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Constructing refugee camps might cause massive carbon dioxide emissions

Architect Matti Kuittinen developed a model for low-carbon rebuilding, which will facilitate constructing in accordance with sustainable development.

Villagers from St. Mathieu, Haiti building a school out of crushed concrete. Photo: Matti Kuittinen

Climate change has emerged as the main cause for humanitarian crises and may result in a billion people becoming refugees by 2050. In the worst case, refugee dwellings will increase the greenhouse emissions of their residents by over 4 000 per cent.

In his dissertation study, the doctoral candidate, Architect Matti Kuittinen of the School of Arts, Design and Architecture, familiarised himself with low-carbon humanitarian construction.

'It is not ethical to conduct humanitarian aid work without knowledge of its effects on climate change', Kuittinen emphasises.

Although disaster construction may be catastrophic to the environment, in places, it is much more ecological than previous construction.

'Systematic environmental assessment is not conducted when constructing refugee camps. Aid agencies do not, therefore, have a concept of which measures could be used to make the camps low-carbon or which implicit, wrong choices lead to major emissions.

In his research, Kuittinen developed a model for low-carbon rebuilding whose starting point is always the prevailing situation.

'When rebuilding will hopefully soon begin in Syria, the model could help in constructing in accordance with sustainable development. The model will set a ceiling for the emissions of construction and living based on national CO2 statistics. This will enable calculating the emissions of the country's entire building stock.

Crushed concrete in Haiti and log houses in Japan

In the aftermath of the tsunami of 2011 in Japan, 300 000 people were housed in barracks with non-existent thermal insulation. Kuittinen was there, investigating the energy efficiency and carbon footprint of different refugee camps.

'The tsunami wiped out a lot of forest from its path. The fallen tree trunks were quickly sawn into logs, which were used to build refugee camps. The carbon footprint of these buildings was notably smaller than was the case with the pre-manufactured barrack housing with steel frames.

The fallen tree trunks were quickly sawn into logs, which were used to build refugee camps. Gohyakugawa, near Fukushima. Photo: Matti Kuittinen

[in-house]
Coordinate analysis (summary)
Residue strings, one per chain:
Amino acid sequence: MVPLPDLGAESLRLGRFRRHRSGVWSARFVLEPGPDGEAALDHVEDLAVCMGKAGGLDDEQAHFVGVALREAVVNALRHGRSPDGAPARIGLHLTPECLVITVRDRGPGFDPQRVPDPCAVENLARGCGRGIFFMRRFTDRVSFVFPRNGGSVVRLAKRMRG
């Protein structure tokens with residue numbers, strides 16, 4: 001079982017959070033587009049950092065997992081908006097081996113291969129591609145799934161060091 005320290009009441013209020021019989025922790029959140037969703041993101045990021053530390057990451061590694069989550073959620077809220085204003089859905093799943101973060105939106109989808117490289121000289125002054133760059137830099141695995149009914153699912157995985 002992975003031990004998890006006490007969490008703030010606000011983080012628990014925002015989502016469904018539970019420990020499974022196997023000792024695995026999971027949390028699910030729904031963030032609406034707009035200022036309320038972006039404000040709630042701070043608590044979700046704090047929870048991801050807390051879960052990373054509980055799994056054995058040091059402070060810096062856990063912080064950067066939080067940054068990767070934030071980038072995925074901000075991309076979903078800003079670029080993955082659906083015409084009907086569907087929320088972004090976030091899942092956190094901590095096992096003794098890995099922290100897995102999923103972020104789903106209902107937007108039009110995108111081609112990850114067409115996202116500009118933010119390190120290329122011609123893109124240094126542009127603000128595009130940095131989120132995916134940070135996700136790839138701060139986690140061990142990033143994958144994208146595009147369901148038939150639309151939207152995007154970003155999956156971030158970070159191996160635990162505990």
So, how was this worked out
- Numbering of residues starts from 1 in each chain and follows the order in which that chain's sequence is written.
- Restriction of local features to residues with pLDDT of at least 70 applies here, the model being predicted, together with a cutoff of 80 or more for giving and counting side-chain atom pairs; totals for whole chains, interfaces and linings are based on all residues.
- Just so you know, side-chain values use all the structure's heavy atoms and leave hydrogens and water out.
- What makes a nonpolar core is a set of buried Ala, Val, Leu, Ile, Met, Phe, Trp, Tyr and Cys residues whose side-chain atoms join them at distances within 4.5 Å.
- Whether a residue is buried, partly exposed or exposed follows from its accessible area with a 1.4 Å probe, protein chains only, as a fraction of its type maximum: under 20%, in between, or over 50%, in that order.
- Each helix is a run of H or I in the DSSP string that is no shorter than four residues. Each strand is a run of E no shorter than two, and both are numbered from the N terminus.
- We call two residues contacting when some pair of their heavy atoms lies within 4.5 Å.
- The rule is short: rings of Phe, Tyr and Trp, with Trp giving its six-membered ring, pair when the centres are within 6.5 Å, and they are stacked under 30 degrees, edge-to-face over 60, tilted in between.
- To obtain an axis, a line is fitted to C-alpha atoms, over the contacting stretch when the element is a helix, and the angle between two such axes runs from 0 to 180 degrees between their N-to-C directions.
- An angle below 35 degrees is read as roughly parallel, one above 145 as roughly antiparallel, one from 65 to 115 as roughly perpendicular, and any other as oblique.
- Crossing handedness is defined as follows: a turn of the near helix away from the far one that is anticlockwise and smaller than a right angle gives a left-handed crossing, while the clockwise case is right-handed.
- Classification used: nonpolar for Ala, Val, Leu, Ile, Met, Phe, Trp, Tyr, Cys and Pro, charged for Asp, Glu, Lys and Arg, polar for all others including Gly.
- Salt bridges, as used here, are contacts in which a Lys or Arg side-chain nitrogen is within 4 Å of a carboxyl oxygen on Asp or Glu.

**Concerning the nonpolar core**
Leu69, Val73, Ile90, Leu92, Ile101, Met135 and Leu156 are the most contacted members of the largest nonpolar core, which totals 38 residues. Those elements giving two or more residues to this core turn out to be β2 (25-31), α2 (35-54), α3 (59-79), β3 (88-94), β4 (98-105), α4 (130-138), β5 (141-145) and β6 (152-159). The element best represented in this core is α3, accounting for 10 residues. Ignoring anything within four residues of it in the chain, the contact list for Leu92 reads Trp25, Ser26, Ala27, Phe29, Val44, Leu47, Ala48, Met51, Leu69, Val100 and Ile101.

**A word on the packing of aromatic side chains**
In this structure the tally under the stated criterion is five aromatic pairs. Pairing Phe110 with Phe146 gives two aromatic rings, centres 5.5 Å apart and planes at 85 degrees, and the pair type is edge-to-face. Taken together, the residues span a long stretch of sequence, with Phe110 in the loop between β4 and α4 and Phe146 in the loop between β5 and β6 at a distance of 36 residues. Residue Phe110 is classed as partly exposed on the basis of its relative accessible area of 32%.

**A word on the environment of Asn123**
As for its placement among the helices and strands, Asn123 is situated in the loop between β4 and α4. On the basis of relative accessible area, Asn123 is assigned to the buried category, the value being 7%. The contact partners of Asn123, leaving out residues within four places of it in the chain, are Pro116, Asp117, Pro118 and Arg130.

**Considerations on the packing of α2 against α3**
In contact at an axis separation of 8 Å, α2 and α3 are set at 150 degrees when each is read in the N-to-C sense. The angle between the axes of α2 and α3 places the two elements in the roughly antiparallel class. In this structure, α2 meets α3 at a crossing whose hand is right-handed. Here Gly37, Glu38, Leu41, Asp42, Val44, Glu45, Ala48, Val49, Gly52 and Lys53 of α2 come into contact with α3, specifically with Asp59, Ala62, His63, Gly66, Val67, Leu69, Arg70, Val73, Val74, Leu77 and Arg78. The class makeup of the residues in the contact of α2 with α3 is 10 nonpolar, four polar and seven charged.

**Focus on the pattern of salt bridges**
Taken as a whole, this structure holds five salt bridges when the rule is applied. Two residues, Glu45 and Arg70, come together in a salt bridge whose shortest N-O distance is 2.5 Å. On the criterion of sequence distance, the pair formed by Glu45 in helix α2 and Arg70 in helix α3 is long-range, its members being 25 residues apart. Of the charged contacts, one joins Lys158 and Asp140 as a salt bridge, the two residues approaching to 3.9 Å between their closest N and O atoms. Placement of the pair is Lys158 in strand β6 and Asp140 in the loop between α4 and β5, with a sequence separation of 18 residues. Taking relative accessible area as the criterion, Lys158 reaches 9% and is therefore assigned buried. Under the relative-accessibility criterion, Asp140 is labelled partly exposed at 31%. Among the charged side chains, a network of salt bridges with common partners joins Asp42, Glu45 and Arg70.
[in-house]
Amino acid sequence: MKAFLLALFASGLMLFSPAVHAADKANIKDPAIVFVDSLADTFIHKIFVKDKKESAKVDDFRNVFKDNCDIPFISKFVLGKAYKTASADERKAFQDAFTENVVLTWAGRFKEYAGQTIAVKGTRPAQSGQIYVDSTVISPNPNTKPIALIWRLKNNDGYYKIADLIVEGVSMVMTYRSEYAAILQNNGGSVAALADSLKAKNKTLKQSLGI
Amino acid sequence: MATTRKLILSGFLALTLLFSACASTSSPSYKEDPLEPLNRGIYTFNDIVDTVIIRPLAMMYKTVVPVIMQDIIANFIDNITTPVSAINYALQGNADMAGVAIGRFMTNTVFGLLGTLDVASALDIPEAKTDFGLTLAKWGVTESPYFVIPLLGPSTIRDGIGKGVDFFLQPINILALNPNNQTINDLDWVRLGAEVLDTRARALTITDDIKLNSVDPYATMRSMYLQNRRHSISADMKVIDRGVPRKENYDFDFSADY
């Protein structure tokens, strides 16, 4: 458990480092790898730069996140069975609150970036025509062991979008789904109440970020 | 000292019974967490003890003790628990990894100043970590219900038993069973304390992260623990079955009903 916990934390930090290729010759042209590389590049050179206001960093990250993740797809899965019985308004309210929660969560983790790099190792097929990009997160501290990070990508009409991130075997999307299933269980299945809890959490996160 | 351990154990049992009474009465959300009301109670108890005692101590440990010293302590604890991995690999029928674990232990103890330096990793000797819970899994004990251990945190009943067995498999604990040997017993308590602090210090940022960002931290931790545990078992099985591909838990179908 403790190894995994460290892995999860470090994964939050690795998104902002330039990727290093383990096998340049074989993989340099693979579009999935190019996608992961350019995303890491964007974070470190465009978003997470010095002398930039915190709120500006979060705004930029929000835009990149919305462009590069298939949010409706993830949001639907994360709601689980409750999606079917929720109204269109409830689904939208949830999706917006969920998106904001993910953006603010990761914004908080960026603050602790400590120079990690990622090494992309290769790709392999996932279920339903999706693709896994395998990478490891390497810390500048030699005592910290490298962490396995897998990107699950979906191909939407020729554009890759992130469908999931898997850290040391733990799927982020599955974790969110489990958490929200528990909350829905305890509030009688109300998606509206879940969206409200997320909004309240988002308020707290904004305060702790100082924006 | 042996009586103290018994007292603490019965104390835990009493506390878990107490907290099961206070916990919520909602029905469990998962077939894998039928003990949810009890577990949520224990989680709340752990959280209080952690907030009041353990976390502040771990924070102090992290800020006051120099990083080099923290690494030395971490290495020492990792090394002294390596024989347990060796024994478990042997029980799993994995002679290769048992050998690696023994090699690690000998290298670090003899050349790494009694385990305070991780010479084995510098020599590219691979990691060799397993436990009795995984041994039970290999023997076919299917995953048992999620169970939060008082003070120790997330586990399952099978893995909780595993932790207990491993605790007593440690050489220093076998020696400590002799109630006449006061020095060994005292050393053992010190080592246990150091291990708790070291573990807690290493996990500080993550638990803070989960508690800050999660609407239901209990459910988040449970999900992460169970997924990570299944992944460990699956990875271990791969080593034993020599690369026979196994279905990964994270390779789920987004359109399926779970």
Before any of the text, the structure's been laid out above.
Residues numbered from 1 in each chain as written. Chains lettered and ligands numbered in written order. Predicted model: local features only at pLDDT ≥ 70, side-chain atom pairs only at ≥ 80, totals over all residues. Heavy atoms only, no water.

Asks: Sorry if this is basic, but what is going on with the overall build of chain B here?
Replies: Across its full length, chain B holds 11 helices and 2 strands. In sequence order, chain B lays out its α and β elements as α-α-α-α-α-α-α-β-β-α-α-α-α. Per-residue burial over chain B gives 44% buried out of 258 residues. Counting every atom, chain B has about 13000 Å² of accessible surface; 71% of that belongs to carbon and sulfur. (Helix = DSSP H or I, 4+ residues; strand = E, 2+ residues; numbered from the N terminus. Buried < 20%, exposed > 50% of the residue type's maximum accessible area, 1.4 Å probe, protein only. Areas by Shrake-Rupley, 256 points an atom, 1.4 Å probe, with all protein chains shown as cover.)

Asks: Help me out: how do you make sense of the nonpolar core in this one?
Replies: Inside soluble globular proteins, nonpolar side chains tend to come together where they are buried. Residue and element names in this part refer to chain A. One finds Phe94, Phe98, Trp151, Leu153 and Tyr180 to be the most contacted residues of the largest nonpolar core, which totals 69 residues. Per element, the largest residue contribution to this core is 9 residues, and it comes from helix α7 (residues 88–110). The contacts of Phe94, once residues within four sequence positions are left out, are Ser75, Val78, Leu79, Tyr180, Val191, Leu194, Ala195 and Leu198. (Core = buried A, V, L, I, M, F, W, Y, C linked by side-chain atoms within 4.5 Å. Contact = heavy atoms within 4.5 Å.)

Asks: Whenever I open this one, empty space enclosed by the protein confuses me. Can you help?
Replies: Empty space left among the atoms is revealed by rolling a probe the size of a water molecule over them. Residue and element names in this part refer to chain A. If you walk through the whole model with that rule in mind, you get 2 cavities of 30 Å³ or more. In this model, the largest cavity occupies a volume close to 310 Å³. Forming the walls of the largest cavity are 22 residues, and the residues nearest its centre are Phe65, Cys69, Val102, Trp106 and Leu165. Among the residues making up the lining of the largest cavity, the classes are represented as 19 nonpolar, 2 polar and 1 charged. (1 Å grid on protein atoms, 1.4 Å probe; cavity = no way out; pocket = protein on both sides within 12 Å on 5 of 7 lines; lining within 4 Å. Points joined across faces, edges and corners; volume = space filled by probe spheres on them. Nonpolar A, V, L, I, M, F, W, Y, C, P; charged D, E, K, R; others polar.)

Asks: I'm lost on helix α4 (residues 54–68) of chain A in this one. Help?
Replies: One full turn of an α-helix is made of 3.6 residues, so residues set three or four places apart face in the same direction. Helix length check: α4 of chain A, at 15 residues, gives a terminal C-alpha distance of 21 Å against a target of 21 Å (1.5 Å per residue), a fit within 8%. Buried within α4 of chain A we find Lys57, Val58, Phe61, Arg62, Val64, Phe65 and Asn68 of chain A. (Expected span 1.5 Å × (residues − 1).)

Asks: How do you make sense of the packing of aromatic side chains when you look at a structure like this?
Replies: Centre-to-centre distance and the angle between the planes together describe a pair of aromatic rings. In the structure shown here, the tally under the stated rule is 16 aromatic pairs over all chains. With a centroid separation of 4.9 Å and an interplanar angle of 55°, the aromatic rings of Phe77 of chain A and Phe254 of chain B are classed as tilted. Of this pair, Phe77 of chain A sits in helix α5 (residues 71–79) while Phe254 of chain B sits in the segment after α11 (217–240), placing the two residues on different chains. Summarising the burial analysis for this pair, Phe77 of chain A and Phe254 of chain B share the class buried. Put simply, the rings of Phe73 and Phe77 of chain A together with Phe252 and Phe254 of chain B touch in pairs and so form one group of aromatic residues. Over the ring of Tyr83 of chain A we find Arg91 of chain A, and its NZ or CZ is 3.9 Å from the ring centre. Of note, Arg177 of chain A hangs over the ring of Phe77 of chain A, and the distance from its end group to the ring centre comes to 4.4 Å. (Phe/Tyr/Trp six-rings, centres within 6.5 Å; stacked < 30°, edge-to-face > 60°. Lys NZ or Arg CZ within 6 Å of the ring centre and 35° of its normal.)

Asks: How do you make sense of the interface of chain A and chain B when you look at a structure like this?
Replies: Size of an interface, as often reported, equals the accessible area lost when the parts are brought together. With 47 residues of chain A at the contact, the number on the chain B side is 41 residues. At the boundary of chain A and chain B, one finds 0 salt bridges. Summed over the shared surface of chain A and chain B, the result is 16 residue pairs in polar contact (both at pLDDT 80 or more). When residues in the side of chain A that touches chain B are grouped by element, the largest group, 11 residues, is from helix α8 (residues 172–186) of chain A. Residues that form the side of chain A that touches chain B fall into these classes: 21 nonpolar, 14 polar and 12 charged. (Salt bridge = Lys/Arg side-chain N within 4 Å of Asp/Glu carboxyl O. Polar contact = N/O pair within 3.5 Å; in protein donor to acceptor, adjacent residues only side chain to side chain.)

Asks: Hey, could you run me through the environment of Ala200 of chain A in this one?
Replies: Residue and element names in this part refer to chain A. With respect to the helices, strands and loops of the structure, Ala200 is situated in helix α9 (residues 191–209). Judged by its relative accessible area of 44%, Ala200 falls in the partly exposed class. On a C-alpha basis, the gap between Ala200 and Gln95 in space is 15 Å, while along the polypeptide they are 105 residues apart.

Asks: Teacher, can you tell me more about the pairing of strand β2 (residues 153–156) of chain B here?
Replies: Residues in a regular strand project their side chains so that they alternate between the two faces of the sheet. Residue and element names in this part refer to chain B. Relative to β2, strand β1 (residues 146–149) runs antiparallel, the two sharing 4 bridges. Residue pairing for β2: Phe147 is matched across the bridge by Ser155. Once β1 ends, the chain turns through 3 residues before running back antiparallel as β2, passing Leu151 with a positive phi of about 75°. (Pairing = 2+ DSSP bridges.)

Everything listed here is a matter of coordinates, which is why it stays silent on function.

In 2010, Kuittinen's work for Finn Church Aid took him to Haiti, in areas destroyed by an earthquake.

'I developed a construction method utilising the crushed concrete that was left behind from the collapsed houses. We designed a number of school centres, many of which have already been built in collaboration with local people.

According to Kuittinen, climate change mitigation should be included in the conditions for granting humanitarian funding in the future.

'There would be a lot of use for Finnish environmental competence in repairing the aftermath of global disasters. I think this kind of exported expertise is far more efficient than the often suggested shipping of construction materials from this side of the earth to the other.

Public examination of the doctoral dissertation

The doctoral dissertation of Architect Matti Kuittinen, Carbon footprint in humanitarian construction. What are the CO2 emissions and how to mitigate them?, will be publicly examined at Aalto University on Monday 30 May 2016 at 13, in lecture hall A2, Otakaari 1 X, Espoo. Professor Aoife Houlihan Wiberg, NTNU Department of Architectural Design, History and Technology, will serve as the opponent.

Orders for the dissertation can be placed with the Aalto University School of Arts, Design and Architecture’s online bookshop: shop.aalto.fi. Inquiries: [email protected], and tel. +358 50 313 7086.

Further information:

Matti Kuittinen
[email protected]

tel. +358 50 594 7990

 

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